Approximately 30% of the world’s data volume is being generated by the healthcare industry — a single patient generates over 80 megabytes of data each year. This data holds incredible promise for improving the quality and cost of care, but making sense and full use of it places tremendous operational stress on Healthcare Organizations (HCOs). To take full advantage of their data assets, savvy HCOs are investing in data and analytics platforms that unlock use cases for success in both FFS and VBC payment models.
Consideration points for building vs. buying a healthcare data and analytics platform
Below are some of the decision vectors that go into building or buying a healthcare data analytics platform:
1. Time to value and opportunity cost
HCOs have time-sensitive goals that can be put at risk if they choose to build their own healthcare data platform from scratch. In choosing the best path, timing is everything.
What is your expected timeline and how do you expect to derive value from your data platform?
Sample timeline of a phased approach for building a healthcare analytics platform
Consider the following in the time required to building the platform:
- Choosing and partnering with a vendor: The vetting and selection process can take several months, and multiple vendors means more overhead
- Organizational transformation: Building a fully staffed team means recruiting software engineers at 45-60 days per hire, plus onboarding and training
- Construction: Integrating your existing infrastructure with new capabilities will take at least 9 months, not including unexpected maintenance and vendor solution upgrades
- Training rollout and enablement: Once the platform is built, stakeholders and end users will need a minimum of 2-3 months’ training and certification
The total 'build' timeline can be well over a year and a half of time and monetary investment. That doesn’t account for the overhead of multiple vendors, which can pull your IT team away from important strategic work. Additionally, the work needs to be complete to the point that you can extract value while not implementing correctly as that can greatly inflate costs.
Sample timeline of a phased approach for buying a healthcare analytics platform
Consider the following in the time required to buying the platform:
- Platform configuration: User setup, risk algorithms, quality measures, reports and dashboards, provider org anization structure, contract structure
- High-priority data source integration: Access, installation, review, and go-live of data sources
- High-priority module implementation: managing potential data bottle necks, data storage, and end-user training
- Additional scope: Average client implementations can be between 6–12 months as large connector data volumes may increase the timeline
The 'buy' option often goes faster than building from scratch, but it still takes time for a ready-made data platform to become fully operational within an organization. It's important to consider the length of initial set-up and configuration, plus anticipated or unanticipated delays like data bottle necks and user trainings.
2. Managing capital and operational costs (CapEx / OpEx)
Healthcare organizations often pay excessive costs for application development, vendors’ services, and legacy maintenance. Managing capital — how much can you allocate to R&D for initial procurement?
- Managing multiple contracts: Working with multiple vendors can be time-consuming and riddled with unexpected costs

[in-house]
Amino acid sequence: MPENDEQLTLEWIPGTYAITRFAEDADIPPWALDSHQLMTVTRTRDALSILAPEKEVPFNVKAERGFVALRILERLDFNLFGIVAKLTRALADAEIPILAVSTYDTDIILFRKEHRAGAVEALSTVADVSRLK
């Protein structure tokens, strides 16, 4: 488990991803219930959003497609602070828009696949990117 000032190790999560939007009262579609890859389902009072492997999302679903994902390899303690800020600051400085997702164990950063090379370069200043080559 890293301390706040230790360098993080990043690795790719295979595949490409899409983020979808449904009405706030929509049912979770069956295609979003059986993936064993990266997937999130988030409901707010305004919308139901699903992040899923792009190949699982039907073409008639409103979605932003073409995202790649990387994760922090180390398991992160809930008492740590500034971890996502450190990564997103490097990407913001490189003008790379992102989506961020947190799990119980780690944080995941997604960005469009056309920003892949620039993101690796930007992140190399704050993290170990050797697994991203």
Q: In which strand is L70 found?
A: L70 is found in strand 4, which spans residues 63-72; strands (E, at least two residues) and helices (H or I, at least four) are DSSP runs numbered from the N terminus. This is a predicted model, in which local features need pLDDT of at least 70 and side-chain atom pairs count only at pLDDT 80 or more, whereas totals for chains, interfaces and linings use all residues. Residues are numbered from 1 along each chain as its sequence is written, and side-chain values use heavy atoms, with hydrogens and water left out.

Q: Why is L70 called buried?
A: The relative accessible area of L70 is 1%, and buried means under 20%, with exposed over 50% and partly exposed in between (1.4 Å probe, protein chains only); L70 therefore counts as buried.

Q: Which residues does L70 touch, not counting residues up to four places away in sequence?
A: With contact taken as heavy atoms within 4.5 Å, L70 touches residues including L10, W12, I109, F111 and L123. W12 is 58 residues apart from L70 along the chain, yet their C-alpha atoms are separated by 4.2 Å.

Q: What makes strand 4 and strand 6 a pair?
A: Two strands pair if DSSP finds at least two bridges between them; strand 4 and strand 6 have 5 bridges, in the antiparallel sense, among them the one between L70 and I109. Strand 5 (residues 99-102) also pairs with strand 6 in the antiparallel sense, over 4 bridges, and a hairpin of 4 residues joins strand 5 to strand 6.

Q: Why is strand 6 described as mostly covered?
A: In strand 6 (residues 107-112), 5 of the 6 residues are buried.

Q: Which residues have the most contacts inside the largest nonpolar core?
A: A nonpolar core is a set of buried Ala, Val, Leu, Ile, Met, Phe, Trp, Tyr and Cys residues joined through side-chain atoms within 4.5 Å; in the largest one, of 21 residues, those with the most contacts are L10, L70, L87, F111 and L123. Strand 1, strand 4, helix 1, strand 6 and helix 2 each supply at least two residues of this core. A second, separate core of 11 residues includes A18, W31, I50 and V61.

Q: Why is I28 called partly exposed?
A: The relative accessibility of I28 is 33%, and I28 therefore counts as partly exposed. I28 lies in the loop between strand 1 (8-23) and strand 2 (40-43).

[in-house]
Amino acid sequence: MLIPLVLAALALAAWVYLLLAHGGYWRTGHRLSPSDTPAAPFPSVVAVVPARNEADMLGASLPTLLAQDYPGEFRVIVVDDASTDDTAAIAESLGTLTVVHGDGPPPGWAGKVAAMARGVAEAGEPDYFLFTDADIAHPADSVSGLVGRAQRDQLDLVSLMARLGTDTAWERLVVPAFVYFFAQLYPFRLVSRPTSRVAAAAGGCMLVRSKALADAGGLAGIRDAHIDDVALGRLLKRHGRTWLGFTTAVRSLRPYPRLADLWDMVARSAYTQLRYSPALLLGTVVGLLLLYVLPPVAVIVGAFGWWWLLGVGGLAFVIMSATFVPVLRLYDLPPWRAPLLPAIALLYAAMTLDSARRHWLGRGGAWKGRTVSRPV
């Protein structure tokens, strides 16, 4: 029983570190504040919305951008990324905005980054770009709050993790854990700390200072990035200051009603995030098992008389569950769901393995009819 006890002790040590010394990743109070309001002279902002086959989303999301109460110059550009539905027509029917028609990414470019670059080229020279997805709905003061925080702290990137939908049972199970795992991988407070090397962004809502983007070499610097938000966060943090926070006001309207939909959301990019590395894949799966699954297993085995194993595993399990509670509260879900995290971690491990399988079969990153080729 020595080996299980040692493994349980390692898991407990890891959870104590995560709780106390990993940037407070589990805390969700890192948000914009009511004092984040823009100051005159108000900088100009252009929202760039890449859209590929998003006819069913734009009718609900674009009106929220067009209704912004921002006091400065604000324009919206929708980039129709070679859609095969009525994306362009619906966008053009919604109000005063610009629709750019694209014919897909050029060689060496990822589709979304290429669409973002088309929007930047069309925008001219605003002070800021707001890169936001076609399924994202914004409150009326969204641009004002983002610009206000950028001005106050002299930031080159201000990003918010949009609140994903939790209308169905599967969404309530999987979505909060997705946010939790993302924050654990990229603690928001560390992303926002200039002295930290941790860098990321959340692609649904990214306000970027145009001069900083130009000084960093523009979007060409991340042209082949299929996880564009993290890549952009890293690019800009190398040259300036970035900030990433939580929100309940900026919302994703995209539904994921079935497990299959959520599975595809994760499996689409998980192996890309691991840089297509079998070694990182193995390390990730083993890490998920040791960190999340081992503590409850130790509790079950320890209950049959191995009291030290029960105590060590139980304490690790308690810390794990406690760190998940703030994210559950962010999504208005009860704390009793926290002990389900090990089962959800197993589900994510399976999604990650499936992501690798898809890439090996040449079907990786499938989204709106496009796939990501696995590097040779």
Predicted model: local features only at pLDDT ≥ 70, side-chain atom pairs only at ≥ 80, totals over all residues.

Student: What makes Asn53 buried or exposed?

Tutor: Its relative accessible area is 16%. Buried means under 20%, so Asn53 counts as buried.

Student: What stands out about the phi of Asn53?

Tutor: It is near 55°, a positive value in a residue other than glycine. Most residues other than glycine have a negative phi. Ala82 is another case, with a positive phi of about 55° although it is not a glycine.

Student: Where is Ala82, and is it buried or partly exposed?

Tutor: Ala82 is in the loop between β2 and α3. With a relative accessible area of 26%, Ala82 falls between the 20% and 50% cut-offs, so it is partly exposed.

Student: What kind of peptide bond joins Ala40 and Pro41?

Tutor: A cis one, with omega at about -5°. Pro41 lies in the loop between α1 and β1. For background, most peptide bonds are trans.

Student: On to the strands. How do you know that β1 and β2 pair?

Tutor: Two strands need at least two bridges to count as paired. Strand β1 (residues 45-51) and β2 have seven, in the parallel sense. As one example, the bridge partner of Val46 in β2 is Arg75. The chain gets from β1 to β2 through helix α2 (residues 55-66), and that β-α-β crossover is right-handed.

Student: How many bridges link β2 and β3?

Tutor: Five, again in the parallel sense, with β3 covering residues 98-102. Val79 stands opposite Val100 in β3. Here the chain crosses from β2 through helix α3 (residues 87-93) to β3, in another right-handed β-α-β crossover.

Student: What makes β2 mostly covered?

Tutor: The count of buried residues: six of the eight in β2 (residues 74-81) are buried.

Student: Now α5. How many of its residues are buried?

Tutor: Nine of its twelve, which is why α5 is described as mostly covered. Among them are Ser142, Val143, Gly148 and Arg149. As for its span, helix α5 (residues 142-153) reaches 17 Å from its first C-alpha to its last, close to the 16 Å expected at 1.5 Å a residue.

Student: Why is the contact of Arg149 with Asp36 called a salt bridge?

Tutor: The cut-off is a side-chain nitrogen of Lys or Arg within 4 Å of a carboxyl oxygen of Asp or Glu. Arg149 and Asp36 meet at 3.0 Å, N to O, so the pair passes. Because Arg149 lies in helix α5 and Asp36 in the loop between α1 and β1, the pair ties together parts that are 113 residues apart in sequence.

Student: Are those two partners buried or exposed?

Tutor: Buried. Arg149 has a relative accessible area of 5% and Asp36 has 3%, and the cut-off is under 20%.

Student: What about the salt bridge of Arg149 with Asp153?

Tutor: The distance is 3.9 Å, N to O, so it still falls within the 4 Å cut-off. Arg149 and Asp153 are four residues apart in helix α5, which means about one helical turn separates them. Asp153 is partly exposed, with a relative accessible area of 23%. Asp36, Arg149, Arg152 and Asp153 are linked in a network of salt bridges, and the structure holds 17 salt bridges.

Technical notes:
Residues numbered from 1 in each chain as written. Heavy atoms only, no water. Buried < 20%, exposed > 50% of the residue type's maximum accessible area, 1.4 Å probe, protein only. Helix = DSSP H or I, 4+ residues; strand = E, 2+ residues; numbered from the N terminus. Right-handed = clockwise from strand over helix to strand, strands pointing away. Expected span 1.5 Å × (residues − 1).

- Staffing: A software engineer’s base salary alone can start at $150k, and the more complex your software, the higher your staffing costs
- Storage: Each user on your platform will need ample storage space, and to avoid data volume charges, you’ll need to design and implement strict data governance practices
- Maintenance: An ongoing expense that will trail your data platform every time you maintain or update it
By contrast, choosing to buy an option already on-market eliminates this potential waste of time and resources. Though 'buy' comes with a different set of considerations, outsourcing concerns like staffing and storage can lessen the burden on an organization.
HCOs are vying for technical resources in a highly competitive market. Staffing raises a unique set of concerns, including:
- Hiring: The average timeline for hiring a software engineer is 60-65 days (with a full recruiting team in place).
- Compensation: Competing with a vast landscape of tech companies means providing high salaries, equity, and benefits.
- Volume: You’ll need a full team of software developers, connectors, and operations experts with 1-2 people per area. That quickly amounts to millions of dollars per year for a functioning team. Contractors often have limited availability, and can command as much as $175-$210 per hour.
There are lots of technical decisions to make and vendors to evaluate when it comes to stitching together the healthcare data platform.
- Which cloud computing platform? Azure vs. AWS vs. on-premises hosted?
- Which strategy is right for my data? Data lake, data warehouse, NoSQL?
- What considerations do I need to make for my users? Do we need a semantic layer of data organization for end-users?
- How do you stay on top of changing data standards and requirements? Master data management. Interoperability and a massive data asset requires a common set of data standards and ongoing management.
- How will you manage extract, transform, load / extract, load, transform pipelines (ETL/ELT)? Should we rely on third parties to transform the data? What is the organizational cost of doing this ourselves?
- How do you ensure proper use of the data and data governance? How do you actively manage storage costs?
- Which power business intelligence tools do you use? How will they work with my data lake strategy?